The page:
David McKittrick's 'Lost Lives' is published by Mainstream

Arts and Entertainment
The Secret Cinema performance of Back to the Future has been cancelled again
filmReview: Sometimes the immersive experience was so good it blurred the line between fiction and reality
Arts and Entertainment
Sydney and Melbourne are locked in a row over giant milk crates
art
Arts and Entertainment
Crowd control: institutions like New York’s Metropolitan Museum of Art are packed

Art
Arts and Entertainment
Cillian Murphy stars as Tommy Shelby in Peaky Blinders

TV
PROMOTED VIDEO
Arts and Entertainment
The cast of The Big Bang Theory in a still from the show

TV
Arts and Entertainment

art
Have you tried new the Independent Digital Edition apps?
Independent
Travel Shop
the manor
Up to 70% off luxury travel
on city breaks Find out more
santorini
Up to 70% off luxury travel
on chic beach resorts Find out more
sardina foodie
Up to 70% off luxury travel
on country retreats Find out more
Latest stories from i100
Have you tried new the Independent Digital Edition apps?

ES Rentals

    Independent Dating
    and  

    By clicking 'Search' you
    are agreeing to our
    Terms of Use.

    Dress the Gaza situation up all you like, but the truth hurts

    Robert Fisk on Gaza conflict

    Dress the situation up all you like, but the truth hurts
    Save the tiger: Tiger, tiger burning less brightly as numbers plummet

    Tiger, tiger burning less brightly

    When William Blake wrote his famous poem there were probably more than 100,000 tigers in the wild. These days they probably number around 3,200
    5 News's Andy Bell retraces his grandfather's steps on the First World War battlefields

    In grandfather's footsteps

    5 News's political editor Andy Bell only knows his grandfather from the compelling diary he kept during WWI. But when he returned to the killing fields where Edwin Vaughan suffered so much, his ancestor came to life
    Lifestyle guru Martha Stewart reveals she has flying robot ... to take photos of her farm

    Martha Stewart has flying robot

    The lifestyle guru used the drone to get a bird's eye view her 153-acre farm in Bedford, New York
    Former Labour minister Meg Hillier has demanded 'pootling lanes' for women cyclists

    Do women cyclists need 'pootling lanes'?

    Simon Usborne (who's more of a hurtler) explains why winning the space race is key to happy riding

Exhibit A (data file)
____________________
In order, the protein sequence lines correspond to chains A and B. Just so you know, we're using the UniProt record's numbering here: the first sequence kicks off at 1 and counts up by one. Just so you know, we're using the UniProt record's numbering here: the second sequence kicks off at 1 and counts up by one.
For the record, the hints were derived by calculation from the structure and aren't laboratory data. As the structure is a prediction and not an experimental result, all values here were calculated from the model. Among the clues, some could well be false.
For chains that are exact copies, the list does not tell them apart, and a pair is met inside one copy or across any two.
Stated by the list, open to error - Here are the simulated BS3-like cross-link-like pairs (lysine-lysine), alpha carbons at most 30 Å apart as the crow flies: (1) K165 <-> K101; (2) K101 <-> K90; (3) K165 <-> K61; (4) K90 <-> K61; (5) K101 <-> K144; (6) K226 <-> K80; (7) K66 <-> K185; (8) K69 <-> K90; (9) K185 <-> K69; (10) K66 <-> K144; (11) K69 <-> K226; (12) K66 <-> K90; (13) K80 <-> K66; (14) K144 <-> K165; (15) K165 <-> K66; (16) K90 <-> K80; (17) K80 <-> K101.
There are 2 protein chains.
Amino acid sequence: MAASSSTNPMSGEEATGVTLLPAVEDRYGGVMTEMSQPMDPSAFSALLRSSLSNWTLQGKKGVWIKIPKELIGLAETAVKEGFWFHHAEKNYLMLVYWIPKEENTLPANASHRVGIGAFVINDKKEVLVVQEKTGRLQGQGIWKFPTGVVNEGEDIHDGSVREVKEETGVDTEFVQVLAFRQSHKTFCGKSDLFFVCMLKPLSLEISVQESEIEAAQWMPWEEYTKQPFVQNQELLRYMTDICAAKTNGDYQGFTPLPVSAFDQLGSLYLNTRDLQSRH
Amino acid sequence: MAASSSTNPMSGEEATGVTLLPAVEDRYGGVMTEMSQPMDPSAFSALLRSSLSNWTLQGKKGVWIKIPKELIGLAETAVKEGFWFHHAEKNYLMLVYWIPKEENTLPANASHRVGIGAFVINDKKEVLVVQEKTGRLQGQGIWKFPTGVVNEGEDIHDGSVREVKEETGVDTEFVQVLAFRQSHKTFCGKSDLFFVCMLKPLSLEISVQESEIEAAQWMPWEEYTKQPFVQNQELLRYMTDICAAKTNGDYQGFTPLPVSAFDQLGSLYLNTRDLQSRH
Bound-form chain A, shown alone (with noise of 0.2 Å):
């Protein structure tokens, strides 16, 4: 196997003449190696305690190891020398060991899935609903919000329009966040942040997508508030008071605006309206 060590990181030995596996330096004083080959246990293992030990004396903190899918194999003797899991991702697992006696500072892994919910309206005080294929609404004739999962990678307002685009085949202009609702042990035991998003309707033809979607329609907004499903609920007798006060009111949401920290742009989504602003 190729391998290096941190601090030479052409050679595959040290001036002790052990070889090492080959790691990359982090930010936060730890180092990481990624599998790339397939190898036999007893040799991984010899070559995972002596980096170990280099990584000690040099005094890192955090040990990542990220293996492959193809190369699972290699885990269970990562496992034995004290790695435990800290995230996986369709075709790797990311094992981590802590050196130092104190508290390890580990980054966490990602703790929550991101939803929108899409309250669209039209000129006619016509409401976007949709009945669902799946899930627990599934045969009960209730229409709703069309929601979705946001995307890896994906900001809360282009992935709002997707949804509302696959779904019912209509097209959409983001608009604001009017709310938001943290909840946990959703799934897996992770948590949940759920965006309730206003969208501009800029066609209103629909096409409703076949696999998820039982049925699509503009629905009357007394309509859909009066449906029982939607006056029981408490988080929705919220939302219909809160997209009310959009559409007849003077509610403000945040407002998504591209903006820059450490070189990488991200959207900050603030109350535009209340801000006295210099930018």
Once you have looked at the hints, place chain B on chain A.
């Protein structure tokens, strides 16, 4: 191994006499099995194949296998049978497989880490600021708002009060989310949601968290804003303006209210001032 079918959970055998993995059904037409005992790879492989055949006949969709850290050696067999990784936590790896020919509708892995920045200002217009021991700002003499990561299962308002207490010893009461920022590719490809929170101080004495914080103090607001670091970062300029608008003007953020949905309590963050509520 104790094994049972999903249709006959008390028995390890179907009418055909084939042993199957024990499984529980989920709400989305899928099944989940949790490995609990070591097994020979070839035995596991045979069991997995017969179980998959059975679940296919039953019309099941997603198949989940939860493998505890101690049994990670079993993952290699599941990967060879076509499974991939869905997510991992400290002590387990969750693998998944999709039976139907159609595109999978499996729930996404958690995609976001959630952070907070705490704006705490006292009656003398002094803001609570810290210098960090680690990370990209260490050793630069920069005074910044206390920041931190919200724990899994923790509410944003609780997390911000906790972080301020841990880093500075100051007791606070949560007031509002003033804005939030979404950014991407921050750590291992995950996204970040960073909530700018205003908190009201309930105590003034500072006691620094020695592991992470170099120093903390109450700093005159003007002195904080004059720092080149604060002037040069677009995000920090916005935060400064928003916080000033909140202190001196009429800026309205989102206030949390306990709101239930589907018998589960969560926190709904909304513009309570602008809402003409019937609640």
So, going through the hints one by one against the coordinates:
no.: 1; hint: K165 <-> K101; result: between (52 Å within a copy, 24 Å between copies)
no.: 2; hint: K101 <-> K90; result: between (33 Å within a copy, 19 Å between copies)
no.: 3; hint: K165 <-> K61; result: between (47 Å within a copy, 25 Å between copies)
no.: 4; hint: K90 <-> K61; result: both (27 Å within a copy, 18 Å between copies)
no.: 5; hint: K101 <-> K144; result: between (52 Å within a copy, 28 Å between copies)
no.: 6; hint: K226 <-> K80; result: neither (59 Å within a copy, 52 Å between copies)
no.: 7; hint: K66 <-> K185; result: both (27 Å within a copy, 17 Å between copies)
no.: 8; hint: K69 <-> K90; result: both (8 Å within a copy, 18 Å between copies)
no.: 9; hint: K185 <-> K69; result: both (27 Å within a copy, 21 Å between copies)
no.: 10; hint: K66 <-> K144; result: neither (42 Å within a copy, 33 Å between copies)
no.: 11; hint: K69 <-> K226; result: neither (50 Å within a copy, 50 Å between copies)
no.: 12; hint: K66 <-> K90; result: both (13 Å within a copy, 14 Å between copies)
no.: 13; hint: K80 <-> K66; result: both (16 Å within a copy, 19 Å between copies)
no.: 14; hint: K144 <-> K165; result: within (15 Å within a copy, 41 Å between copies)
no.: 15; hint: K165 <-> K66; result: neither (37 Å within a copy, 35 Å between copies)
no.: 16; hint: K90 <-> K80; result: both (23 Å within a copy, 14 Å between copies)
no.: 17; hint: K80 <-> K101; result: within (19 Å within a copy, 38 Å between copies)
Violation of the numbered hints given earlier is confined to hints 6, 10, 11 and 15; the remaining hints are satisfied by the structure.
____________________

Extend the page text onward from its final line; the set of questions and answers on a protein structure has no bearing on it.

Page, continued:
A tale of two presidents: George W Bush downs his paintbrush to pen father’s life story

    A tale of two presidents

    George W Bush downs his paintbrush to pen father’s life story
    Restaurateur Mitch Tonks has given the Great Western Pullman dining car a makeover

    The dining car makes a comeback

    Restaurateur Mitch Tonks has given the Great Western Pullman dining car a makeover
    Gallery rage: How are institutions tackling the discomfort of overcrowding this summer?

    Gallery rage

    How are institutions tackling the discomfort of overcrowding this summer?
    Louis van Gaal has £500,000 video surveillance system installed to monitor Manchester United players

    Eye on the prize

    Louis van Gaal has £500,000 video surveillance system installed to monitor Manchester United players
    Women's rugby: Tamara Taylor adds fuel to the ire in quest to land World Cup

    Women's rugby

    Tamara Taylor adds fuel to the ire in quest to land World Cup
    Save the tiger: The day America’s love of backyard tigers led to a horrific bloodbath

    The day America’s love of backyard tigers led to a horrific bloodbath

    With only six per cent of the US population of these amazing big cats held in zoos, the Zanesville incident in 2011 was inevitable
    Samuel Beckett's biographer reveals secrets of the writer's time as a French Resistance spy

    How Samuel Beckett became a French Resistance spy

    As this year's Samuel Beckett festival opens in Enniskillen, James Knowlson, recalls how the Irish writer risked his life for liberty and narrowly escaped capture by the Gestapo
    We will remember them: relatives still honour those who fought in the Great War

    We will remember them

    Relatives still honour those who fought in the Great War
    Star Wars Episode VII is being shot on film - and now Kodak is launching a last-ditch bid to keep celluloid alive

    Kodak's last-ditch bid to keep celluloid alive

    Director J J Abrams and a few digital refuseniks shoot movies on film. Simon Usborne wonders what the fuss is about
    Once stilted and melodramatic, Hollywood is giving acting in video games a makeover

    Acting in video games gets a makeover

    David Crookes meets two of the genre's most popular voices